Fix 2: Update Audio Drivers via Third-Party Application
There are many third-party updater tools available in the market for updating your Drivers. One of the most downloaded and used ones are:
- DriverPack Solution
- Driver Booster
This fix may come with some strings attached to it. Some of this driver updating software contains malware, viruses, spyware, or adware. This will cause and add problems to your PC instead of fixing it. So, be careful before you download a third-party application for the issue of Windows Audio Device Graph Isolation high CPU usage.
3. Scan for Viruses and Malware
In some cases, Windows Audio Device Graph Isolation with high CPU usage can dominate and weigh upon your computer’s processor very heavily.
When this happens, there is a possibility that your computer may be infected with malware. In this case, instead of taking the troubleshooting road, you should administer a full scan of your operating system.
Third-Party Antivirus Tools
To scan for viruses or malware, you can take the services of any third-party antivirus tool. We recommend using Avira Free Security for Windows: this tool is free and can detect dangerous threats and have the ability to eliminate them quickly and effectively.
This tool also can work (as a partner) with your already installed security solution, adding an extra layer of protection.
Windows Defender is the built-in Windows Security Suite that you can also use. It can defend your PC’s processor from external threats and malware.
Here is how you can use it:
- From the start menu, click on the settings gear, and the settings window will open.
- Type Update and Security in the search bar.
- Locate the Windows Defender. Click & open it.
- Find the Windows Defender Security Centre Window, locate the shield icon (it is in the left pane).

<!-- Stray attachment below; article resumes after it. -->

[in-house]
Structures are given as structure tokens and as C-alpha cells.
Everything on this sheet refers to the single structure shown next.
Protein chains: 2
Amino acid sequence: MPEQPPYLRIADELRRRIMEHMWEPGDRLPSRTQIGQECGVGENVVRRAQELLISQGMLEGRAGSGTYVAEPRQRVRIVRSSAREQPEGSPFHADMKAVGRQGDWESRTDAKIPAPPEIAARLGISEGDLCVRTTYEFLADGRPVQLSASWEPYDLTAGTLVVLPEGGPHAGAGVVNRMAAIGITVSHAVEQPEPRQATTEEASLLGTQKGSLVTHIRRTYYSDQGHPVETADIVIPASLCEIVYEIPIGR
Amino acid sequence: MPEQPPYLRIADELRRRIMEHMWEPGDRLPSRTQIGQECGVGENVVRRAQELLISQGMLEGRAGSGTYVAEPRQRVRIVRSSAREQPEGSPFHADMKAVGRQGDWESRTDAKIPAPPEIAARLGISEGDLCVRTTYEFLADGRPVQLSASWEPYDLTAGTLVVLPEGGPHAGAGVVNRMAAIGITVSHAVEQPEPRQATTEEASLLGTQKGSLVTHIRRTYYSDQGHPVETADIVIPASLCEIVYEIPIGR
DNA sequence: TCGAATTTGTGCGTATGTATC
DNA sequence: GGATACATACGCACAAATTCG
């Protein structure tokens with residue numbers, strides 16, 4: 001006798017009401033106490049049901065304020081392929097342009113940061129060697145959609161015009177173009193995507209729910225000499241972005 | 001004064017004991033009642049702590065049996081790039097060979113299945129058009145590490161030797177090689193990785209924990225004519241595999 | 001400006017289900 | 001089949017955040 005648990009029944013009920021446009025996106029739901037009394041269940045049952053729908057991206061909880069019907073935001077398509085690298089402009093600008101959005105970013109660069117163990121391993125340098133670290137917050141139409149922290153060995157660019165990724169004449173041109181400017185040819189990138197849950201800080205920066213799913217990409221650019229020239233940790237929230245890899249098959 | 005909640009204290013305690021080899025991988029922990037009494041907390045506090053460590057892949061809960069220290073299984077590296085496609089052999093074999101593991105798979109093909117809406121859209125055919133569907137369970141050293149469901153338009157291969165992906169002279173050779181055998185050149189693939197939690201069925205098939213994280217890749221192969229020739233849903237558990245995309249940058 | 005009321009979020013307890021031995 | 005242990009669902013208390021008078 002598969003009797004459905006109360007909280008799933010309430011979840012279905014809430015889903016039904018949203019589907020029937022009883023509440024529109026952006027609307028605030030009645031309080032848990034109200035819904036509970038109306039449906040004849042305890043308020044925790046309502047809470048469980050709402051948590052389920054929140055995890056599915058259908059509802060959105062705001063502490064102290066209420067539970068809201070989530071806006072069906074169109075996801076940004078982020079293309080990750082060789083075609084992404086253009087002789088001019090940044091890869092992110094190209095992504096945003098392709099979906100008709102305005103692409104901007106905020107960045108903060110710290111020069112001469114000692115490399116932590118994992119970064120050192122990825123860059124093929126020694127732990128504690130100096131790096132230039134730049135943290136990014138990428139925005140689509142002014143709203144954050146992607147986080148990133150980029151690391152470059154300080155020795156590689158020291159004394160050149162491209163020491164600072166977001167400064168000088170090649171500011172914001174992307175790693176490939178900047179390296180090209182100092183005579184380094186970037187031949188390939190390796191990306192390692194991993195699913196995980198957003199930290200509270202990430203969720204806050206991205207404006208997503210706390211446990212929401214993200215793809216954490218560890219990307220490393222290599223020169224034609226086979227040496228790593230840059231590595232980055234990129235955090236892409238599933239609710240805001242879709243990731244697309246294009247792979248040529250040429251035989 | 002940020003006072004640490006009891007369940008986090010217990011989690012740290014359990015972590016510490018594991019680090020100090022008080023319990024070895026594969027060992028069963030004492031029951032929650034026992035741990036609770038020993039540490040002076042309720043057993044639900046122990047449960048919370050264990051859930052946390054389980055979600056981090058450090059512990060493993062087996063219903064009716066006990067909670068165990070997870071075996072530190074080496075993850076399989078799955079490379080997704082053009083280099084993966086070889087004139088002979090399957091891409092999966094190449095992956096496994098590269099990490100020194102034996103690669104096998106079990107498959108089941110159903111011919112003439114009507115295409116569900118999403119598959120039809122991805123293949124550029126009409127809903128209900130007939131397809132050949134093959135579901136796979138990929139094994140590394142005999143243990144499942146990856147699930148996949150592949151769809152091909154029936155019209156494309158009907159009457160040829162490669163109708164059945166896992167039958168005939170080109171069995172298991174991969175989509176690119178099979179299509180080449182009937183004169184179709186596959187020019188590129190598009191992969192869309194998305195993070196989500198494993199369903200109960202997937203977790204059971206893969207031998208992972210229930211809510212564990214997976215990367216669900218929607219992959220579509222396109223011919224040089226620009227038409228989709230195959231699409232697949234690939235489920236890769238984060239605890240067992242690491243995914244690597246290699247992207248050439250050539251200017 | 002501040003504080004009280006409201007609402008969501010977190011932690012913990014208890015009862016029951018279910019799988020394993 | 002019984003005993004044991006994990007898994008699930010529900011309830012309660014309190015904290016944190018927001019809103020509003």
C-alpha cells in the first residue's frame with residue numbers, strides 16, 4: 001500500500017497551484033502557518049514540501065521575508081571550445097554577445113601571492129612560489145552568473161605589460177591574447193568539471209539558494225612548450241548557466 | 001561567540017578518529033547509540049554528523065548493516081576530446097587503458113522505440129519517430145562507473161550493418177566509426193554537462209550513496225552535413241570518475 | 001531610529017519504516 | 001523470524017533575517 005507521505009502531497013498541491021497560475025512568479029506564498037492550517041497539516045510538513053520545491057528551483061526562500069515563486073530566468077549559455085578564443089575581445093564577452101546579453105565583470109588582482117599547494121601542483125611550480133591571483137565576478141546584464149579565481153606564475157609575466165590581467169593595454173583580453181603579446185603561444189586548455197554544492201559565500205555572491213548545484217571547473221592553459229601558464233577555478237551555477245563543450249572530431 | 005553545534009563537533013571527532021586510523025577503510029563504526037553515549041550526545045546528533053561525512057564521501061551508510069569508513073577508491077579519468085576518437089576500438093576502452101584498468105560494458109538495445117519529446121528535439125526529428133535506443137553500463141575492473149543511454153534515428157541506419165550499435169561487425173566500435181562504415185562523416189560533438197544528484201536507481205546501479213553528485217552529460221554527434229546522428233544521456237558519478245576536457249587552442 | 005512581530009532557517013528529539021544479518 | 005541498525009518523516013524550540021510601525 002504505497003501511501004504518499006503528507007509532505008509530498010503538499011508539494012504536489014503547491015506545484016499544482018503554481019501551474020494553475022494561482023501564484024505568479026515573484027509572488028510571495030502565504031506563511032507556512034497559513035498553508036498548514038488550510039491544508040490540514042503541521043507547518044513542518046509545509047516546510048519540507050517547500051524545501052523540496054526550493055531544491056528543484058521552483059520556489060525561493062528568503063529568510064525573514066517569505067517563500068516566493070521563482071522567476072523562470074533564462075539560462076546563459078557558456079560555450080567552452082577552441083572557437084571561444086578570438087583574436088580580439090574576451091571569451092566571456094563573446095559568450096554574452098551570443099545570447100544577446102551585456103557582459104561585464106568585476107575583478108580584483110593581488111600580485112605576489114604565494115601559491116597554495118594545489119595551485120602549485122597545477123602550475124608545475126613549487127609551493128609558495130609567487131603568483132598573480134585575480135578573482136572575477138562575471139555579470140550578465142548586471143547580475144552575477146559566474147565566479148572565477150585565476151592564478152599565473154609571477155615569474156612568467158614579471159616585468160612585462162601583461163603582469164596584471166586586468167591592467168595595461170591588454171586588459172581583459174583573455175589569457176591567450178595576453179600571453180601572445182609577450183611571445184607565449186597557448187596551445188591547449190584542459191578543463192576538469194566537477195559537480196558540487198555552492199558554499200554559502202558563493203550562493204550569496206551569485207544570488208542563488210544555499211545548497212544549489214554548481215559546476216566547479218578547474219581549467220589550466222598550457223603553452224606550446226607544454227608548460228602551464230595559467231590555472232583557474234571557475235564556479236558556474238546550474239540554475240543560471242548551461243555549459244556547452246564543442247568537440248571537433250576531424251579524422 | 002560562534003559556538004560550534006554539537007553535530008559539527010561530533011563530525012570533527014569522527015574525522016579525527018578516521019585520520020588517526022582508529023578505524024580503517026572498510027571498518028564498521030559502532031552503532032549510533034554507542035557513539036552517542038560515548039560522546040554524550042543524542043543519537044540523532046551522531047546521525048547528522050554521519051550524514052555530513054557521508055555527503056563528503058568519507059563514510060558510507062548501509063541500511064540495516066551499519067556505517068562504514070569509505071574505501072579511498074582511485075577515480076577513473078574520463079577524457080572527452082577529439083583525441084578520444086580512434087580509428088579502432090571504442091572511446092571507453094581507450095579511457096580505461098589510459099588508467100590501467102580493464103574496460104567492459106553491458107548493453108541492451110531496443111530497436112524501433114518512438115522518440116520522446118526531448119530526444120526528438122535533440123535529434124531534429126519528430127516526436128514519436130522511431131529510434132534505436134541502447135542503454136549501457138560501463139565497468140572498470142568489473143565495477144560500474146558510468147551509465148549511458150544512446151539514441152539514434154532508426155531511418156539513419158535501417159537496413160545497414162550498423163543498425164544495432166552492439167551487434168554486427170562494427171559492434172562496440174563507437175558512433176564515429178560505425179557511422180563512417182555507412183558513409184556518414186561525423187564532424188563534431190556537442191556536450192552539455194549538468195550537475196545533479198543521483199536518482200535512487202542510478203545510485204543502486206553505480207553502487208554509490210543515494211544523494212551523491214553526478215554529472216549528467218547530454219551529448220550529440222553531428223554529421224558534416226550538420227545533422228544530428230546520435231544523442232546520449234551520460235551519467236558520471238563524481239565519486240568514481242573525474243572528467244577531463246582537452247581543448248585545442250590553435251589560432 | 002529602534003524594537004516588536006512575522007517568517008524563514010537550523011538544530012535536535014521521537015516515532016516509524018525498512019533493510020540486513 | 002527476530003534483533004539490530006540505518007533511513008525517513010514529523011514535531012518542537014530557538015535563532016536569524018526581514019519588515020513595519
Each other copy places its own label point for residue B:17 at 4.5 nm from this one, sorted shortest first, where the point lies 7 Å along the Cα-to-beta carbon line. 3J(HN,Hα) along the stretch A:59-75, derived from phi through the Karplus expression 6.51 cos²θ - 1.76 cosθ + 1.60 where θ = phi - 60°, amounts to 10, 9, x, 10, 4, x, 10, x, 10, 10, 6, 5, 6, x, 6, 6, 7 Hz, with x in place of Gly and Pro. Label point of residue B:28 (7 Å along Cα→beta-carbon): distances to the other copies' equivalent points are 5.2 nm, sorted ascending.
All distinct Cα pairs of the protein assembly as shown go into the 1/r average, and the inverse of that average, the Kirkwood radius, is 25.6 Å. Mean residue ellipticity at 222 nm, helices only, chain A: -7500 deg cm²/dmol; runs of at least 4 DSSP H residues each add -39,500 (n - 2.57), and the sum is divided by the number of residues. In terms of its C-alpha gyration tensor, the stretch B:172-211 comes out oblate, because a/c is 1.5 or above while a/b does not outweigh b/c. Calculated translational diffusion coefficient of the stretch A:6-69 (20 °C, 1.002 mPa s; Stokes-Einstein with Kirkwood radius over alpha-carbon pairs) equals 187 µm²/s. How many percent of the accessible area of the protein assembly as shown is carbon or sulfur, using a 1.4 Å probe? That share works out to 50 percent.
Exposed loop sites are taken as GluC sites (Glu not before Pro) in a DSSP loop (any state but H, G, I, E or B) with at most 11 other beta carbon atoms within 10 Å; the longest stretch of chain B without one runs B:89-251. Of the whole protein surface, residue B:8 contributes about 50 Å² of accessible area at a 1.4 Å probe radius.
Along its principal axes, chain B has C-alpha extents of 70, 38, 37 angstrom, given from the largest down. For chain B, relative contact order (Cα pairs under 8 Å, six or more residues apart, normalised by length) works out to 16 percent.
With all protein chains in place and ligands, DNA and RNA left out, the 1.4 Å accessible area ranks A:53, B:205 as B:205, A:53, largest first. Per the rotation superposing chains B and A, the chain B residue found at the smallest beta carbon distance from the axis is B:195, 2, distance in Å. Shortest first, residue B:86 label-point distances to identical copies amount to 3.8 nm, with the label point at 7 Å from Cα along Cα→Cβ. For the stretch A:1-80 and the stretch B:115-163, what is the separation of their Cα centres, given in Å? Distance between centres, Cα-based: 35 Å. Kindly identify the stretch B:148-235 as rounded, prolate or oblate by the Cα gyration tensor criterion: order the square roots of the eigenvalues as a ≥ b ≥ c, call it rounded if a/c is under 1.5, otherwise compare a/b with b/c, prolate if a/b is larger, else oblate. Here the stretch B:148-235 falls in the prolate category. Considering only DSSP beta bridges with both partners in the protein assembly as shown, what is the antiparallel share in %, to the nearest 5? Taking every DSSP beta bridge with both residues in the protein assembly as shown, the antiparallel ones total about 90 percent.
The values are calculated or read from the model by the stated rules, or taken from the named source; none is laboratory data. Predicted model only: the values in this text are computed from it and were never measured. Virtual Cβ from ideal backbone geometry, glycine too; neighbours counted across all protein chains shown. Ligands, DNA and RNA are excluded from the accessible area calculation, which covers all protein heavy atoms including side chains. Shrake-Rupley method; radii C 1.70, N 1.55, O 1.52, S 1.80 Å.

- Find Advanced Scan and click on it.
- Select Full Scan.
Windows 8 or 8.1:
- Open the start menu and type Windows Defender in the search bar.
- Click on Update in the Windows Defender Home Window.
- Go to Home and then Go to the Scan option.
- Check the Full option and Scan now.
- Give the command of Windows Logo + S
- Type Defender in the search box
- Locate the Windows Defender from the list results
- The Windows Defender home window will open. Go to Scan
- Navigate to the arrow next to Scan and click on the icon
- Select Full Scan.
If the threat shown shows that Windows Audio Device Graph Isolation is a cover-up for some malware activity and danger, then you can eliminate the threat later on.
As Skype is used daily by some users online, it has access to your computer’s mic and speakers/headphones, so Windows Audio Device Graph Isolation high memory issues may be caused by Skype.
Uninstalling and reinstalling Skype may be able to fix the issue.
Firstly backup your files on Skype, so you don’t lose any of your precious chats, data, and files. Afterward, follow the below steps:
- Open up the Settings App on your PC (press Windows Logo Key + i)
- Go to the Skype download page here
- Browse and select the version compatible with your Windows
- After downloading has been done, go to your Downloads folder and double-click on Skype Installer
- Click on the install button
- The application will launch itself automatically, and you can now login
Restart your computer and check if Windows Audio Service stopping has been resolved or not. Also, check whether the Windows Audio Device Graph Isolation is still using high CPU usage.